For centuries, Jupiter has confounded both astronomers and outer space enthusiasts alike. The questions abound: Why does Jupiter emit more heat than it receives from the sun? What exactly is The Great Red Spot? Is Jupiter really a planet, or is it simply a failed star?
And my favorite question: what lies beneath the clouds?
When I was a student 20 years ago, I remember seeing the old textbooks depicting Jupiter’s surface as a meandering mountain range. Based modern knowledge, this is completely incorrect. Scientists generally describe Jupiter as a very enigmatic gas giant, one where underneath all those clouds are two “oceans”, one a gargantuan ocean of liquid hydrogen and the other an ocean of a substance completely foreign to earth: metallic liquid hydrogen. Hydrogen is theorized to reach a metallic state under enough pressure.
When visiting a Connecticut mall back in 1987, I happened upon a book that showed a terrifying depiction of what Jupiter’s “surface” might look like. The sky was black, save for the constant cackling of lightning overhead and the feeble attempts of the distant sun to poke through the thick atmosphere. The endless dark, yet clear, oily blue-green ocean of liquid hydrogen showed a world where no humans could ever possibly live.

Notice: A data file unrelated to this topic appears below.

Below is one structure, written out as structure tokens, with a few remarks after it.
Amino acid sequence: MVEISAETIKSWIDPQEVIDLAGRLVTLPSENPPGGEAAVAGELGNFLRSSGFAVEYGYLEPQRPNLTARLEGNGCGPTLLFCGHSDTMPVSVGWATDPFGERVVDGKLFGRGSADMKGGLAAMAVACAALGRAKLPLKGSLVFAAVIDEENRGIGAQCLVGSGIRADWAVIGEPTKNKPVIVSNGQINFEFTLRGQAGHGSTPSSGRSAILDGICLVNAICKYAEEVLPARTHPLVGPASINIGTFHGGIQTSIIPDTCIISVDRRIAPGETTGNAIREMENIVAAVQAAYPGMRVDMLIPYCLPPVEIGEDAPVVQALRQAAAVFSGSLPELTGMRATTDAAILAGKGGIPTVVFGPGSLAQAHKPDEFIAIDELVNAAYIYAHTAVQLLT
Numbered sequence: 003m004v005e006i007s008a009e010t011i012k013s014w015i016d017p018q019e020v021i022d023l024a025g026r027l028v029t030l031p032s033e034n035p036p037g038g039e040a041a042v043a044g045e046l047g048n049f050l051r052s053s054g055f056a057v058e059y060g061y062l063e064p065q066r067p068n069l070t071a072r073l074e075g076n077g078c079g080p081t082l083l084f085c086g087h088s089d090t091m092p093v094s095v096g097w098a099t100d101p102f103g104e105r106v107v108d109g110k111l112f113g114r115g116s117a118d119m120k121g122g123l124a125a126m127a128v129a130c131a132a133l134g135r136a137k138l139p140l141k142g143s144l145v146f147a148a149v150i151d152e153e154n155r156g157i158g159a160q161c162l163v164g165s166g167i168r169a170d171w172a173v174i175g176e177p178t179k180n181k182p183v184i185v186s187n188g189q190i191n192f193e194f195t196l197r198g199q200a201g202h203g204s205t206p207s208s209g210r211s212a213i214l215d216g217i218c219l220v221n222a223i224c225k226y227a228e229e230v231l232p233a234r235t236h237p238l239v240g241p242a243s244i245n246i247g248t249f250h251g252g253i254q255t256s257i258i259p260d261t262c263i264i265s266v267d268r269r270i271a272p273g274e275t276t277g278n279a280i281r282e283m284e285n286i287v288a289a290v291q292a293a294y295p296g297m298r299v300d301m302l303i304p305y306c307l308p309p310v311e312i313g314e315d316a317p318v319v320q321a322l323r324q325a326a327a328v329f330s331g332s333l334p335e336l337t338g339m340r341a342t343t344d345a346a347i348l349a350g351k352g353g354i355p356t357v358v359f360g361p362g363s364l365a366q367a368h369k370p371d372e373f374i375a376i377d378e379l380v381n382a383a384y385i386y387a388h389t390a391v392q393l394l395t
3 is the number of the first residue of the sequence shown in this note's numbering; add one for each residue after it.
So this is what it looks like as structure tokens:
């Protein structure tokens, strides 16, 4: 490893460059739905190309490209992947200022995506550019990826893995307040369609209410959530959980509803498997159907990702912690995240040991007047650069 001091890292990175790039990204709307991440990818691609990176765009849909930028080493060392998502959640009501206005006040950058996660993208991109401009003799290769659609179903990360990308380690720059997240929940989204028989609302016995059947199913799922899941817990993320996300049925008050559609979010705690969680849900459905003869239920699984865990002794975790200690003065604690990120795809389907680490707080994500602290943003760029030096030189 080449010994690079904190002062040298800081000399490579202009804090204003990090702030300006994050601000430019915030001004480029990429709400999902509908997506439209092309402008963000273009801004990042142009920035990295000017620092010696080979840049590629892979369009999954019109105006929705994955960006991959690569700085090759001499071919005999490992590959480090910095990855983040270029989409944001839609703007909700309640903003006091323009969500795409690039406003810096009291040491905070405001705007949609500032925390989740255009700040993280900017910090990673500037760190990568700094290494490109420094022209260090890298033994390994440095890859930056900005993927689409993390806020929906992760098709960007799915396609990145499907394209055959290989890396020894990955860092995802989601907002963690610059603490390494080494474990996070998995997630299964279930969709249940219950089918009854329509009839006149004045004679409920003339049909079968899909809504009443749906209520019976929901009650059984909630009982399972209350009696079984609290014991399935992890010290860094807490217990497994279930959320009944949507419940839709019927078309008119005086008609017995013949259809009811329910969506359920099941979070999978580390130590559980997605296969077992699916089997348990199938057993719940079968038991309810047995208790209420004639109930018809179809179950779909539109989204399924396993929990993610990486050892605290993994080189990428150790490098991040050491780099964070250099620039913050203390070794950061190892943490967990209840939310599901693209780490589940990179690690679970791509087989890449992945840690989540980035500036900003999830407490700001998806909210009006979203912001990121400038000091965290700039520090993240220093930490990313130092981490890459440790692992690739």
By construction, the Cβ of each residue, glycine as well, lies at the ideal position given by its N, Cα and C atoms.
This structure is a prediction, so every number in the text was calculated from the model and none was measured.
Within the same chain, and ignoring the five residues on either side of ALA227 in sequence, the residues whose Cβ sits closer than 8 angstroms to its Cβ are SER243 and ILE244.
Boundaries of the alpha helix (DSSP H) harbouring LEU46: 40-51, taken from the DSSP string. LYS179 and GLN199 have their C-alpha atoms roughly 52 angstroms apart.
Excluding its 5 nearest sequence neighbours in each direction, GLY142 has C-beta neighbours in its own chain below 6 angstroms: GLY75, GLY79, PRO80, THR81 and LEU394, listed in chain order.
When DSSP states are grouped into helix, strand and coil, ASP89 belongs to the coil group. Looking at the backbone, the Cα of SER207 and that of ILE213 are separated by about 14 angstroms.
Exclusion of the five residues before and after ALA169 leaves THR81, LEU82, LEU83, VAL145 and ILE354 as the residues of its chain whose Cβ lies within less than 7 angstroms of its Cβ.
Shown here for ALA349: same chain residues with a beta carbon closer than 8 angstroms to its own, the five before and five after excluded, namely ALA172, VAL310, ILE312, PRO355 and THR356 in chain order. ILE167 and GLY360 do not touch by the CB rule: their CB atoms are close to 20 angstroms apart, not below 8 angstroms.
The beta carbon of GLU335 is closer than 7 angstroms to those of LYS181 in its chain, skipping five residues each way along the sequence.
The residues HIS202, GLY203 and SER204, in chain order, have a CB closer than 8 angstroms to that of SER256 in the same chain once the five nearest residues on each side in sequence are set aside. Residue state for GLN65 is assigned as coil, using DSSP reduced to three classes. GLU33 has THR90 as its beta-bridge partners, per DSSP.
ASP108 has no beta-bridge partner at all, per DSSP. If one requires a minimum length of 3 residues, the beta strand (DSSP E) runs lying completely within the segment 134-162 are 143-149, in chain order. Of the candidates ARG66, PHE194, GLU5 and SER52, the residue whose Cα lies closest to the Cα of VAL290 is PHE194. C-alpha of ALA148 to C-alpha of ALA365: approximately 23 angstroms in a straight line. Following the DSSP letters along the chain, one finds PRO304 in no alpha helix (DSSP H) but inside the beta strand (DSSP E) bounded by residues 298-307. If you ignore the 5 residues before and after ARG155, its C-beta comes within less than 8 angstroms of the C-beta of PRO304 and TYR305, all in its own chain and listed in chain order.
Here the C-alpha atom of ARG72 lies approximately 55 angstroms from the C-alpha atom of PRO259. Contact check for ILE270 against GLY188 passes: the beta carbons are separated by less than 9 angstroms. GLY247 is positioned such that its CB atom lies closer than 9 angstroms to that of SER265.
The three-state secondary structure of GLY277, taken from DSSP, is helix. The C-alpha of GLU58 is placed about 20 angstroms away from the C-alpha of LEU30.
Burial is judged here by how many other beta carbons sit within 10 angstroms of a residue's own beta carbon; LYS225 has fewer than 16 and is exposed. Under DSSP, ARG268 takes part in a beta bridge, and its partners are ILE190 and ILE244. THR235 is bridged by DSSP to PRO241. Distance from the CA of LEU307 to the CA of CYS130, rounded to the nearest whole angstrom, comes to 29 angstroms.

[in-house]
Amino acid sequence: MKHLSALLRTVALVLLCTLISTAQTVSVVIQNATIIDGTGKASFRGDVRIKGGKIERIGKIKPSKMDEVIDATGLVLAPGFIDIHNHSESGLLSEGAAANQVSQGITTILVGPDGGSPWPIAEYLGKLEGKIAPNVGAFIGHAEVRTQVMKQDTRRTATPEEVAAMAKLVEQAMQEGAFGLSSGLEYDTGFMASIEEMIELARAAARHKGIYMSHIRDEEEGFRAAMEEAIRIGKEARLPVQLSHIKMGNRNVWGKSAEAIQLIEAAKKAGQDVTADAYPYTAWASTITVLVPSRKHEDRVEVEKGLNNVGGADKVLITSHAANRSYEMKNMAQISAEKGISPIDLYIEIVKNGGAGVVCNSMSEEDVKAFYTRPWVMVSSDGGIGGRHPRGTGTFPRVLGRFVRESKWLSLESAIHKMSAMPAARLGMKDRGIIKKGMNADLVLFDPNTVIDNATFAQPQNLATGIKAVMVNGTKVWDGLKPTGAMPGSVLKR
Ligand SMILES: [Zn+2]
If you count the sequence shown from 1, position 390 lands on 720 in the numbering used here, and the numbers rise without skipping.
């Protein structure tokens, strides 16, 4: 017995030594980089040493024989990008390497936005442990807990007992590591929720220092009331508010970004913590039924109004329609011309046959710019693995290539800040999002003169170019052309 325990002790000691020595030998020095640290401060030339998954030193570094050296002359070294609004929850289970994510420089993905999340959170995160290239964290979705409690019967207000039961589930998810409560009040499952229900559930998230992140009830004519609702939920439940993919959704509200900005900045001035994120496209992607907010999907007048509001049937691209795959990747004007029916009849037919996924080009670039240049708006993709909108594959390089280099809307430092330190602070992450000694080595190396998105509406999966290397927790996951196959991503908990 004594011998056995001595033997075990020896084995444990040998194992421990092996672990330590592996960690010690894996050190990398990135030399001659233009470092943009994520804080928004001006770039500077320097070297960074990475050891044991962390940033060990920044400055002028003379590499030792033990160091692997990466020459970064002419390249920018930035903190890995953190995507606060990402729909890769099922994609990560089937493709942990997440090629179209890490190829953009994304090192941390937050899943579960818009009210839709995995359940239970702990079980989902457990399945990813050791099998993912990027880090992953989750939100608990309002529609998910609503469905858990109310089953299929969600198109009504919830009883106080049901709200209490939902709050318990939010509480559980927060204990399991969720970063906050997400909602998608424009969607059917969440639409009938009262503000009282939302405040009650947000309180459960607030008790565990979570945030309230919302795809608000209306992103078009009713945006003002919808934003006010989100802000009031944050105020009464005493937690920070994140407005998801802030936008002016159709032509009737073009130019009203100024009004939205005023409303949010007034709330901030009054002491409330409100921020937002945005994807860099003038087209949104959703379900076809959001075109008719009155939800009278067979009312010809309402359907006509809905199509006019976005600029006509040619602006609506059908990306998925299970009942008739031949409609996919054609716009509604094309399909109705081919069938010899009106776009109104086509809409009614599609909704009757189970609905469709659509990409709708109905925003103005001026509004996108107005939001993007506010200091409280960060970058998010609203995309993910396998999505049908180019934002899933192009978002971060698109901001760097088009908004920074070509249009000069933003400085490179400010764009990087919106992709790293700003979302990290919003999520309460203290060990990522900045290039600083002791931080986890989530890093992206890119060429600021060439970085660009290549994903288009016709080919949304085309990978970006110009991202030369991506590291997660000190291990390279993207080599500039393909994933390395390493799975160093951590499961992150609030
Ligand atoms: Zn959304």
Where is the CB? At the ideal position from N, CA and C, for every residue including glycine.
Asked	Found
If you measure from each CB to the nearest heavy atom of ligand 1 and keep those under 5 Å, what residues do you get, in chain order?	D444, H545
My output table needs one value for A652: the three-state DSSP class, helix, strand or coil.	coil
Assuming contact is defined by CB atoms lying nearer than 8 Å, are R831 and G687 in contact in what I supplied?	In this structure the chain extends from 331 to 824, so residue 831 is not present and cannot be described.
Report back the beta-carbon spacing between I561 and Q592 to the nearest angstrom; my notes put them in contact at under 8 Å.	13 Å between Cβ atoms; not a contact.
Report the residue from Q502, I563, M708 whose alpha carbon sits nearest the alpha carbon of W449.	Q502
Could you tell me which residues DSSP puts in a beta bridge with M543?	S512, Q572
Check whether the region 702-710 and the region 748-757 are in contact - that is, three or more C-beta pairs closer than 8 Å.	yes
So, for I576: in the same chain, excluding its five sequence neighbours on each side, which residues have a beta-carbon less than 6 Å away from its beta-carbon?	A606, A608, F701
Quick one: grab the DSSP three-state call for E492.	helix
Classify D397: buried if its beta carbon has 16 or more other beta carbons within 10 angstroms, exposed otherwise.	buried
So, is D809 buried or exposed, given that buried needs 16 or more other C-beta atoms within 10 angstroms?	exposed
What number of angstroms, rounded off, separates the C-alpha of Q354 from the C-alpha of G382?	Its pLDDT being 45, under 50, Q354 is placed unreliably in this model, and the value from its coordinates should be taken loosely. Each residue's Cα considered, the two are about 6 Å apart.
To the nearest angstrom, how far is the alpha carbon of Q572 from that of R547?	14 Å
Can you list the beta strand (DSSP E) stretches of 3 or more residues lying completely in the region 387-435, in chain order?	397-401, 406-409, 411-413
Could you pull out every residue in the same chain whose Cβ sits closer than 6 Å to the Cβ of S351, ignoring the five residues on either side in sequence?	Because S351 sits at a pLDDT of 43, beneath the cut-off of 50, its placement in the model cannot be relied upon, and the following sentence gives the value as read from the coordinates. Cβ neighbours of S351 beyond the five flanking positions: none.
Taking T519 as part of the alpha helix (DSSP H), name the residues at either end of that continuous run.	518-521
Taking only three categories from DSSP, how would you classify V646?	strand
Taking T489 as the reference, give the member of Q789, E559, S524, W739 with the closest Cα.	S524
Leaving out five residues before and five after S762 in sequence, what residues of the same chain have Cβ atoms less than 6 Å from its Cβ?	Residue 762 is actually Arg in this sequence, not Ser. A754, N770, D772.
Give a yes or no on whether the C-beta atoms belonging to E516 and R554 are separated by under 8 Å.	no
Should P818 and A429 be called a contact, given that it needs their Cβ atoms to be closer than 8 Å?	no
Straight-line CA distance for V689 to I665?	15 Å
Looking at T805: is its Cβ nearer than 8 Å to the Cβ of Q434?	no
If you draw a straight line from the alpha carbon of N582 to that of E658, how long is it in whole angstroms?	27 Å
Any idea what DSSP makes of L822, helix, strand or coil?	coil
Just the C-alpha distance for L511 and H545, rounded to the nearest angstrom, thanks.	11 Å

We’ve tried to send space probes into Jupiter’s surface to learn more about it, and what Arthur C. Clarke postulated in 2001: A Space Odyssey came true. The staggering pressure of the Jovian atmosphere (estimated to be about three million times stronger than what we experience on earth) crushed the probes while they were still far from the “ocean”. This begs the question: will we ever know what lies beneath Jupiter’s atmosphere? Furthermore, is its core just a giant, earth-sized diamond, as Clarke also postulated in the book?
We may never know, but it’s always fun to speculate.